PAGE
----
The difference between the two stages is, statistically (across 200,000+ leaders scores), the difference between effective leadership and ineffective leadership (R = .93). Reactive solutions attempt to reinforce the system they are being handed. They might be expert problem solvers, but they need problems to give them purpose and their best efforts to solve them result in a return to stasis. In a VUCA environment, in a time of exponential growth, they flounder when it comes to helping their teams innovate. As a coach I notice that this type of leader also tends to be less fulfilled personally. They succeed, but are often addicted to work and lack hobbies, creativity, spirituality, and time spent with loved ones. They struggle to love themselves and therefore to relax. They get sick more often as well. 

Creative leaders, on the other hand, nurture the evolution and transformation of the system, or business, they are operating. They do this by nurturing their own development as well. They don’t motivate people to solve problems. They inspire people to create based on a vision of what is possible. It is not coincidence to me that creative leaders also tend to lead more balanced lives. Visionary thinking does not emerge from busy work, but from the confluence of many disparate elements. Meditation, movement, cooking, sex, art, and music are cross training for the best business minds. 

My favorite book from the deep dive was Neurosis and Human Growth by Karen Horney; a contemporary of Freud’s. The bottom half of the LCP, the Reactive half, is deeply rooted in her theories of personality development. Getting stuck in reactive mind is intimately entwined with wounds developed in childhood. We all build a persona, a way of impressing and pleasing others that masks our spontaneity and stifles our creativity. Our personality forms based on coping strategies developed to feel lovable in an environment that rejects our natural impulses. We reject what we want and cultivate a lot of should’s to win love, respect and feel safe.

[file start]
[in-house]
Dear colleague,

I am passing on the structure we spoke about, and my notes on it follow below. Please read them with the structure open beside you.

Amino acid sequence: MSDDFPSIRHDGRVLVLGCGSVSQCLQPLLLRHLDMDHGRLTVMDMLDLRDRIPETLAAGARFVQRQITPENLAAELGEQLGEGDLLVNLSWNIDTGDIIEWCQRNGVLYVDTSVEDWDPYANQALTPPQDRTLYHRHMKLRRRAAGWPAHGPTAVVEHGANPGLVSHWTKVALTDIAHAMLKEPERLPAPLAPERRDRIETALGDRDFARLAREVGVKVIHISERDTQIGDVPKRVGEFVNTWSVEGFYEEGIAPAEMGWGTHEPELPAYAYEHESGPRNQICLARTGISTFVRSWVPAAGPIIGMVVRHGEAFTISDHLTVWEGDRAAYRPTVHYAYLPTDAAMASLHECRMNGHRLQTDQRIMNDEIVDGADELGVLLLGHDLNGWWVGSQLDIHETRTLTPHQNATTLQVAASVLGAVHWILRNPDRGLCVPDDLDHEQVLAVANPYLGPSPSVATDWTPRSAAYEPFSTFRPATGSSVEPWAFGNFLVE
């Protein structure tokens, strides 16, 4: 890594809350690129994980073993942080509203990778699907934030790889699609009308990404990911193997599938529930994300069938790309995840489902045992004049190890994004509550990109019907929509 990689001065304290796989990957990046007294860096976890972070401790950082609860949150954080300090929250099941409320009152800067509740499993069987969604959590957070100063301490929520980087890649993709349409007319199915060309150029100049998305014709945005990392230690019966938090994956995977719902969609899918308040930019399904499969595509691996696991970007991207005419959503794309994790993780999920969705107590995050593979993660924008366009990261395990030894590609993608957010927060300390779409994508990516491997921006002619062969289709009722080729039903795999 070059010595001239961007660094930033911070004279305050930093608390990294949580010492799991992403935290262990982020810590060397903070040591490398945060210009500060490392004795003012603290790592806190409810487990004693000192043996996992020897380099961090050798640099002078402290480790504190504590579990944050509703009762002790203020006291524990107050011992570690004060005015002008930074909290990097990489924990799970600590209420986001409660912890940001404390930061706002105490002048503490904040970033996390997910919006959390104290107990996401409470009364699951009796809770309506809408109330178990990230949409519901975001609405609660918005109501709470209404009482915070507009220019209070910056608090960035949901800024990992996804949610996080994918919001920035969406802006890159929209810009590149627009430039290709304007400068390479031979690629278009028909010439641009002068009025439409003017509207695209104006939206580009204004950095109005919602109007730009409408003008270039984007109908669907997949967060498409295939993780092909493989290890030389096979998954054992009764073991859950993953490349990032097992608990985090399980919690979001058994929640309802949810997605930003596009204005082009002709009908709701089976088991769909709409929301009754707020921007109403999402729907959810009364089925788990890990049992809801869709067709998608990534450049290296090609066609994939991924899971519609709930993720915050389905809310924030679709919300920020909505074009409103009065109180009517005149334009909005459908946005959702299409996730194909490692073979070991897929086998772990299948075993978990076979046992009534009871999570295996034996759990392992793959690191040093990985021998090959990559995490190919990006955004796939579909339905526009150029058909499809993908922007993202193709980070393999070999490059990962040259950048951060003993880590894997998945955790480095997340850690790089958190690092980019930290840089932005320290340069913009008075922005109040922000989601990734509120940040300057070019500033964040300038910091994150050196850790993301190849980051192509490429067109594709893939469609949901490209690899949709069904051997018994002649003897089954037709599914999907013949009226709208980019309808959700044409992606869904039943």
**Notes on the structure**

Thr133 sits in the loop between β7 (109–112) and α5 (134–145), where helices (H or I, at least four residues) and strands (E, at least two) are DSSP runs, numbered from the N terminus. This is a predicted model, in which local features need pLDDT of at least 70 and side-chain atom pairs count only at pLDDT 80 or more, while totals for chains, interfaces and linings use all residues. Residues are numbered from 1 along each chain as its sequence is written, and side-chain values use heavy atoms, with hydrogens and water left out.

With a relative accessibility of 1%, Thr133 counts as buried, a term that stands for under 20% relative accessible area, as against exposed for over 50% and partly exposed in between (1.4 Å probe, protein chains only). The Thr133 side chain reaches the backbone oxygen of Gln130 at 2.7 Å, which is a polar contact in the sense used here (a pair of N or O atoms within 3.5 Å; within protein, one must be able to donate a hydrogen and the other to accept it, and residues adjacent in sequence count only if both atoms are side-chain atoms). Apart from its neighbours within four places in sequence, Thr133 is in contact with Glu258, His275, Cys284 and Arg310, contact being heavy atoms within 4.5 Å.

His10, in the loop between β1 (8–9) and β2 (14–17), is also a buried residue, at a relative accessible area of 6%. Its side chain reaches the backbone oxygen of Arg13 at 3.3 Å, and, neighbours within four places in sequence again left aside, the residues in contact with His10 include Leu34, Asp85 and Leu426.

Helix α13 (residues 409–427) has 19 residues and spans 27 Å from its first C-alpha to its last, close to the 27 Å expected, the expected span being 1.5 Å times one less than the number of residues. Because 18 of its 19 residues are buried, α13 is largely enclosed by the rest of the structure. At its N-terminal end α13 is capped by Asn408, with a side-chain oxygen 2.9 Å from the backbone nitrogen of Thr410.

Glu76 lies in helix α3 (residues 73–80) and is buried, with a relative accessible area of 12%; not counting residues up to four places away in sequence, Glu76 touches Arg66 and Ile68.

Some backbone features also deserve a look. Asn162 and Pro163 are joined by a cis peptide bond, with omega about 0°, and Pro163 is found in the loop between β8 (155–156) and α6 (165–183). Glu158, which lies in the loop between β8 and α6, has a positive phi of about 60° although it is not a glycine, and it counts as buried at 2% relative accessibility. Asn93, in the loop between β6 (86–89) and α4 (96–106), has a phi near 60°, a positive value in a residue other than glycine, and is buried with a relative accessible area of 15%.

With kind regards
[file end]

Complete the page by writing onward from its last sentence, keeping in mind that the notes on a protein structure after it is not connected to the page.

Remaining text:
I am the coach leaders come to when they have climbed the highest mountain only to realize that they prefer the beach, or that doing so came at too high of a cost. I will never forget a client telling me that the year his net worth reached 9 figures was the worst year of his life. He came to me to shut down one career and begin another. His new business is aligned with both the planet and his pain. Overcoming the drives that created his wounds allowed him to see a vision of what was possible and create an amazing business to capitalize upon it. You love his products because of his self proclaimed crazy, fanatical obsession with their quality. His net worth tripled. 

How much shame is created at home due to our parents fear that our behaviors will not be accepted by society? How much brilliance is diminished in schools that turn childhood exuberance into attention deficit disorders and the creative impulse into an optional art class for the few who are unlikely to find success in the “real” world. Show me the child who learns best sitting in neat rows indoors and taking standardized tests. I haven’t met her yet.

How badly does our world need leaders who are focused on their inner work? Leaders committed to healing the wounds that knocked their natural curiosity and spontaneity off course? Leaders capable of becoming exquisitely embedded in and in tune with the world around them? This is one definition of indigenous, occurring naturally in a particular place. We deny our nature at great peril.

Coaching leaders who have found success, but struggle to find fulfillment, almost always involves helping them reclaim the parts of themselves that they have compartmentalized, judged, and shamed out of existence. It almost always looks like finding the place where their deepest want meets the worlds deepest need. Can we really be happy without being creative? Be healthy, without being integrated into our environment? Experience joy, without being silly, and unpredictable? Don’t leaders hire me because I refused to become domestic in the classroom? Don’t I need them because they did? Together we find balance.

Devin Martin